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Getting Rid of that “100-Day Cough”

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Getting Rid of that “100-Day Cough”

Jan 02, 2019

Pertussis is commonly known as whooping cough. It is an extremely infectious bacteria that can lead to a violent, nasty cough that just will not seem to go away. Luckily, the DTaP vaccine has successfully eradicated most cases in children. However, according Dr. Tom Miller, as we get older, our immunity to the disease wanes and we can become susceptible in adulthood. Dr. Miller talks about pertussis, how you can catch it and how important it is to make sure you get your adult booster shots.

Episode Transcript

Interviewer: What is pertussis, what can you do about and can adults get it? That's next on The Scope.

Announcer: Access to our experts with in-depth information about the biggest health issues facing you today. The Specialists with Dr. Tom Miller is on The Scope.

Interviewer: If you get a nasty cough that will not just go away it might be pertussis. The odds are slim but it could be. To find out more about pertussis in adults we're with Doctor Tom Miller here at University of Utah Health Care.

Pertussis; tell me a little bit about it and then tell me how an adult can get it.

Dr. Miller: Pertussis was commonly known as whooping cough and occurred most commonly in children prior to the development of an effective vaccine, and it was deadly. A lot of kids died of whooping cough in the old days.

Interviewer: Another one of these things that the vaccines have made a huge difference, and we forget about it, right?

Dr. Miller: We forget about it and actually what's happened is that kids all in the United States generally get this vaccination for pertussis and it effectively prevents it, but as we get older our immune system forgets about exposure to the vaccine and immunity wanes. And you know what? People coming into the country who are not vaccinated can bring pertussis in.

It's a very highly infective bacteria so you don't need much in the way of bacteria to become infected. And when you are infected, if you are older you could end up with not whooping cough but something called the 100 Day Cough.

For a few days you just feel real crappy. You feel very poorly, you have a sore throat and you develop a cough. It's awful. It's what we call paroxysmal cough. It's deep, it's rapid, it's unending and it's so bad sometimes that it will make you vomit, throw up. It's terrible.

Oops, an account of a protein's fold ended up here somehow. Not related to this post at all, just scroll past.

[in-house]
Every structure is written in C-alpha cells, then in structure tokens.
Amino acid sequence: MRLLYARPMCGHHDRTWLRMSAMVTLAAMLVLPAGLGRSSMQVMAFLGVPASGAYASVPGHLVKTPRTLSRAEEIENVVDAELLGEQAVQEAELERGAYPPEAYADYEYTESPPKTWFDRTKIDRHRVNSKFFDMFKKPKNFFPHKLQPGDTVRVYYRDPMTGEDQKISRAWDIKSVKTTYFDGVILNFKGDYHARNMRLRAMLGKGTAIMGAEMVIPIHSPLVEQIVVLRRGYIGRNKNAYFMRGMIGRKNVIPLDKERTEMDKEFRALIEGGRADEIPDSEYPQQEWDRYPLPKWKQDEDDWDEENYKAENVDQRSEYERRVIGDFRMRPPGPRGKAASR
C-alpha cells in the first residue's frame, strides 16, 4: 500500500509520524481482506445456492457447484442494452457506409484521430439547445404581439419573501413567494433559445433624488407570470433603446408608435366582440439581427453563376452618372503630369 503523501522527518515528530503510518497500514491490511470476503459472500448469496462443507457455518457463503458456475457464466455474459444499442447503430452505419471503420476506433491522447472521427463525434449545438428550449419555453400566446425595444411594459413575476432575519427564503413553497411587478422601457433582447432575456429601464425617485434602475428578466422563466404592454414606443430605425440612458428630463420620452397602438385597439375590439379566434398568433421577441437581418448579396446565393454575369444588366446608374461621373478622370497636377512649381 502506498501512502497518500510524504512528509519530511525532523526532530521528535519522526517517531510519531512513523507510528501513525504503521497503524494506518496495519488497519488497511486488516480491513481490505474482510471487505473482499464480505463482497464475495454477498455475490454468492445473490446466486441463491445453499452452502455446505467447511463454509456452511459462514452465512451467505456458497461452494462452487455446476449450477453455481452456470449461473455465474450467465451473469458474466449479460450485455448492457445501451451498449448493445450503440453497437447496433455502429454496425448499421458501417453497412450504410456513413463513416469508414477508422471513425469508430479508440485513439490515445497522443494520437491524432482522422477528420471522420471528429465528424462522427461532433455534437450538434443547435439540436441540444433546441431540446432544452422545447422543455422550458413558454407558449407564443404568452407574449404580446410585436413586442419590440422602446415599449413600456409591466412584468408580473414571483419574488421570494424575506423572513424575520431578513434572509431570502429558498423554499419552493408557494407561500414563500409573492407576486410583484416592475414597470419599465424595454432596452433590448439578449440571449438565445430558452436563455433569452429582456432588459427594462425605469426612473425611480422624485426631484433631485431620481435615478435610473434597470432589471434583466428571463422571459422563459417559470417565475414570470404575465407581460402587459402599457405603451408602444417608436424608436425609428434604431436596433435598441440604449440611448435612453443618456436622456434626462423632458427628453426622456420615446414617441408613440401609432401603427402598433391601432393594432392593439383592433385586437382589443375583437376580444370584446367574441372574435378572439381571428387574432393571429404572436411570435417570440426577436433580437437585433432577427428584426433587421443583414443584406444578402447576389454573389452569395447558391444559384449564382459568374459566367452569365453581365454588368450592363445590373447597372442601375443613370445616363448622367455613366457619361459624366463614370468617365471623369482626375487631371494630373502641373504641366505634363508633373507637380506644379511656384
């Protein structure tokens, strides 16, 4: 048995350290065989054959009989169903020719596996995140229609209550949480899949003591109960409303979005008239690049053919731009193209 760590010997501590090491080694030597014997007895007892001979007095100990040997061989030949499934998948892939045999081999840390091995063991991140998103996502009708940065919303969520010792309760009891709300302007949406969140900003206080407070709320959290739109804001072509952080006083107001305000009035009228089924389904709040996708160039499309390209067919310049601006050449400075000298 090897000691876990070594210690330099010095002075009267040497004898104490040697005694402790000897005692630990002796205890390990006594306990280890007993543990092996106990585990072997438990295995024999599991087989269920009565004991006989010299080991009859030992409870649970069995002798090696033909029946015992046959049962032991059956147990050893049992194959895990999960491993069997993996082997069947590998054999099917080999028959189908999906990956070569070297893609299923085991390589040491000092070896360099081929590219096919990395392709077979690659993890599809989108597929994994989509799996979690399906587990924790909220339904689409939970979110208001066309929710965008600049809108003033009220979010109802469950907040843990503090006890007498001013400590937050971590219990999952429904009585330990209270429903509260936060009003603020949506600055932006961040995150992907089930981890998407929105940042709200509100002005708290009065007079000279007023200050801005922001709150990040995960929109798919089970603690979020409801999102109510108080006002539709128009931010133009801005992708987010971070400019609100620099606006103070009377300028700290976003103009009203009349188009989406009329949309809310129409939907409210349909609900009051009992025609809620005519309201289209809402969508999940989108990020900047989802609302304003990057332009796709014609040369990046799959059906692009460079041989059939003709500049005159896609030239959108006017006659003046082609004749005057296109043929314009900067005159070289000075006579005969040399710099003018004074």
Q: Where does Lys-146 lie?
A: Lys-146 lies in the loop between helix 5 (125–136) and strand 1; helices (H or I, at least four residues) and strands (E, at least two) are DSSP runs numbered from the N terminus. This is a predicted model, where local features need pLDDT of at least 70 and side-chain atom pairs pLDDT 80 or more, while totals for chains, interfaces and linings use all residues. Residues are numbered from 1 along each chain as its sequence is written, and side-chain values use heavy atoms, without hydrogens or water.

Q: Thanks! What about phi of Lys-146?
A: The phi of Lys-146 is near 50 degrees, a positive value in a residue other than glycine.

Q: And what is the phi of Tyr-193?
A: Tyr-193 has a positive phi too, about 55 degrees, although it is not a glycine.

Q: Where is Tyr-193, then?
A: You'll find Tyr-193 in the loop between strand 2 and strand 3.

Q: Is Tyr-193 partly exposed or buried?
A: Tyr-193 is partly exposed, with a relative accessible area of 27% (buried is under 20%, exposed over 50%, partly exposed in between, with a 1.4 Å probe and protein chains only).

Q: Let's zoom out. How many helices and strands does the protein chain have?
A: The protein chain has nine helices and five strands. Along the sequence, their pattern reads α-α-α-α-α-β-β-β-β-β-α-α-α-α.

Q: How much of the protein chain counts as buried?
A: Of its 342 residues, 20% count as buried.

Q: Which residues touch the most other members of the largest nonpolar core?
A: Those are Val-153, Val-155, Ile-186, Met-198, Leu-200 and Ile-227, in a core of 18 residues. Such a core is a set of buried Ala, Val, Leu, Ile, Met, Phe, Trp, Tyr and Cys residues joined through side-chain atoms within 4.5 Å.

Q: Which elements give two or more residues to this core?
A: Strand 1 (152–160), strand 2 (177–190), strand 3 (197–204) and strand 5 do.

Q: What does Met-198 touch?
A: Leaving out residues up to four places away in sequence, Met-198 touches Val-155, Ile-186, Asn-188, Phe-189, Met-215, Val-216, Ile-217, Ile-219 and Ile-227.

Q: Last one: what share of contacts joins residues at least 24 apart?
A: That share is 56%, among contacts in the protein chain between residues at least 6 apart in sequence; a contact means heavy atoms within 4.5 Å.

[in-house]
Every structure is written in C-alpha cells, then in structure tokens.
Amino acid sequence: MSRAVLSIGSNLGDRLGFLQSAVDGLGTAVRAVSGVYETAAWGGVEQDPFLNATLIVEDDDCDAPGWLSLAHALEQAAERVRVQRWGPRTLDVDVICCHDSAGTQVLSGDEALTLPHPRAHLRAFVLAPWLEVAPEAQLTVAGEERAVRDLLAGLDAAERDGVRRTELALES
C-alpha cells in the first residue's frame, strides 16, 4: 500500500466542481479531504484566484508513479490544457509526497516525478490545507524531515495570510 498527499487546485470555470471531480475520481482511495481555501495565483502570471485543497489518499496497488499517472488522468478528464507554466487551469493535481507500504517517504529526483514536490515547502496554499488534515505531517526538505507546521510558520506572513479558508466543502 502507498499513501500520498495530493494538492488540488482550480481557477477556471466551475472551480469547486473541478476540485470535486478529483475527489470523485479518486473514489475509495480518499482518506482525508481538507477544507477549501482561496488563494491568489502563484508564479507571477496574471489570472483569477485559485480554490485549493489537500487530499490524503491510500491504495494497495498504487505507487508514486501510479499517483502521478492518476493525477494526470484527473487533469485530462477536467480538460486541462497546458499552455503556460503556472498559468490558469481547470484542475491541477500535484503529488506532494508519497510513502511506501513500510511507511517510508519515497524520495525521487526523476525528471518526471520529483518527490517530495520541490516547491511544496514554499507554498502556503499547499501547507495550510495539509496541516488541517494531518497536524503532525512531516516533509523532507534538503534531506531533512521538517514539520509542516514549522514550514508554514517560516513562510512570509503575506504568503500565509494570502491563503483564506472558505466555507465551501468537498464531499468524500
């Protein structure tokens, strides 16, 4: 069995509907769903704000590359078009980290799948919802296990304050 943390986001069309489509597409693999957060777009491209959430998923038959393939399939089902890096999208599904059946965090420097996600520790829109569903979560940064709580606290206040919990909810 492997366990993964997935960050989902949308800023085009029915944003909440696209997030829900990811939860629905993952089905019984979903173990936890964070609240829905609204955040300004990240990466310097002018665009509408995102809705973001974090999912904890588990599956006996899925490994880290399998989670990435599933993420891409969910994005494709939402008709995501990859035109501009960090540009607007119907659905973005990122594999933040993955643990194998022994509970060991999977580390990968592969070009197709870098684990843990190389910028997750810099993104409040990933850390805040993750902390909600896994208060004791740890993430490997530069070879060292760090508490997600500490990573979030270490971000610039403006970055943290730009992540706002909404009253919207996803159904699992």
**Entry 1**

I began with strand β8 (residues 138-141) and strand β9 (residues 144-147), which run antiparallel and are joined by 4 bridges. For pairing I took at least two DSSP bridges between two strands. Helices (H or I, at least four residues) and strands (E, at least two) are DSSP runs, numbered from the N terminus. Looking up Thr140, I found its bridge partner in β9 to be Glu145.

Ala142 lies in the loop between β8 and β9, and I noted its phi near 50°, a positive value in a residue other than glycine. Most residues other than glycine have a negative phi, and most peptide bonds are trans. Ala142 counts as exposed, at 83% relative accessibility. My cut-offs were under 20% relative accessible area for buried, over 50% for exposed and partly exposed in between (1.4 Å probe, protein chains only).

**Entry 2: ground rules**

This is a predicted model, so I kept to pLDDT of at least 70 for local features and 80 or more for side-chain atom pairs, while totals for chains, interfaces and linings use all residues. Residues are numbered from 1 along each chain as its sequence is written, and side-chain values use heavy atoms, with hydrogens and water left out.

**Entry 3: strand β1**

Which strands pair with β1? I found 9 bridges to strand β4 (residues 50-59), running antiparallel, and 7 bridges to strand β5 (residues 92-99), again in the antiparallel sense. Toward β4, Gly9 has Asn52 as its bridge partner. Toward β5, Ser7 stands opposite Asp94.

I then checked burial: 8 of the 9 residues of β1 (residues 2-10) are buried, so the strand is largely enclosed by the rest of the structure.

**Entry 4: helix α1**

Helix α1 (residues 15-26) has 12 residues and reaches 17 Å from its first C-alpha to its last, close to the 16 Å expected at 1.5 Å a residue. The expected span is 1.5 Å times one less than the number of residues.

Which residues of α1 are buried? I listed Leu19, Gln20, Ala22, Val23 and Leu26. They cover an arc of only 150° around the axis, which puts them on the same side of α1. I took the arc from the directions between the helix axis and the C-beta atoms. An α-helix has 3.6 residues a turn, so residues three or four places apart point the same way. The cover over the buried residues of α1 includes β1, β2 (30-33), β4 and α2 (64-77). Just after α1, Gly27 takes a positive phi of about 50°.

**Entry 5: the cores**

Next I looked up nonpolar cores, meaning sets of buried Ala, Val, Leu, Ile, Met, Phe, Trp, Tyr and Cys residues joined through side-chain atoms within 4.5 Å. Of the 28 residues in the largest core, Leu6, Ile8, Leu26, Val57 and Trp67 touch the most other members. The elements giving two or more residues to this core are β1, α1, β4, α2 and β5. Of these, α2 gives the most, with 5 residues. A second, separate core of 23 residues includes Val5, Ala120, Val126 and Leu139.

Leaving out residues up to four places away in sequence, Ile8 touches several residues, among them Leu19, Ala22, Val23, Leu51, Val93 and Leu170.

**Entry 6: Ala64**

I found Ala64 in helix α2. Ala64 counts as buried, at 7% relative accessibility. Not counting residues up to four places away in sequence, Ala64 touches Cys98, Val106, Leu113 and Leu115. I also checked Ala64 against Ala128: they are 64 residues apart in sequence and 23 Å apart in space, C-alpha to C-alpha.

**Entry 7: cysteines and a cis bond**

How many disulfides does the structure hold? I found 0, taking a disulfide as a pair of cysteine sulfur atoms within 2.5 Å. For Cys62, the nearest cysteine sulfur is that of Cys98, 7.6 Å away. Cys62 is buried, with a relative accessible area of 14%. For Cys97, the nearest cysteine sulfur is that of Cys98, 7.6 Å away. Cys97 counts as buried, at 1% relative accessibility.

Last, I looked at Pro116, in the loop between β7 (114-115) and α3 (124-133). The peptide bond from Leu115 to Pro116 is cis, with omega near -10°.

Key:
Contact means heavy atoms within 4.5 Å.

So that's why the recommendation now is that as an adult you should receive a pertussis vaccine with your tetanus and diphtheria vaccine. You only need that once in adulthood but if you don't have that you then are at risk to pick up pertussis should you run into a child or even an adult who might be carrying pertussis. And again, it doesn't take much in the way of contact to develop pertussis.

Interviewer: So how is it transmitted?

Dr. Miller: It's transmitted through vapor droplets. Somebody coughing, they can pick up the bacteria in that way. And again, it's highly infective. Many times patients don't know they have pertussis when they are adults because they don't have this barking whooping cough that the kids used to get. They just start with a cold, but the severity of the cough is the thing that makes physicians think about it.

Now, you can treat the patient once they develop the cough and it can get rid of the pertussis bacteria but it doesn't get rid of the cough, and that cough goes on and on and on, and it's a devil to treat if you can even treat it.

Interviewer: So I guess the message here is if you haven't had that pertussis booster, you should get that.

Dr. Miller: Get the booster. Absolutely.

Interviewer: It is something you see on occasion.

Dr. Miller: I do see it on occasion. In Utah, we have an increase in the rate of pertussis in adults because of our immigrant population. They're not always vaccinated when they come into the country.

Interviewer: International Airport.

Dr. Miller: The simple way to protect yourself is to make sure you get that booster.

Announcer: Have a question about a medical procedure? Want to learn more about a health condition? With over 2,000 interviews with our physicians and specialists, there's a pretty good chance you'll find what you want to know. Check it out at the

updated: January 2, 2019
originally published: June 28, 2016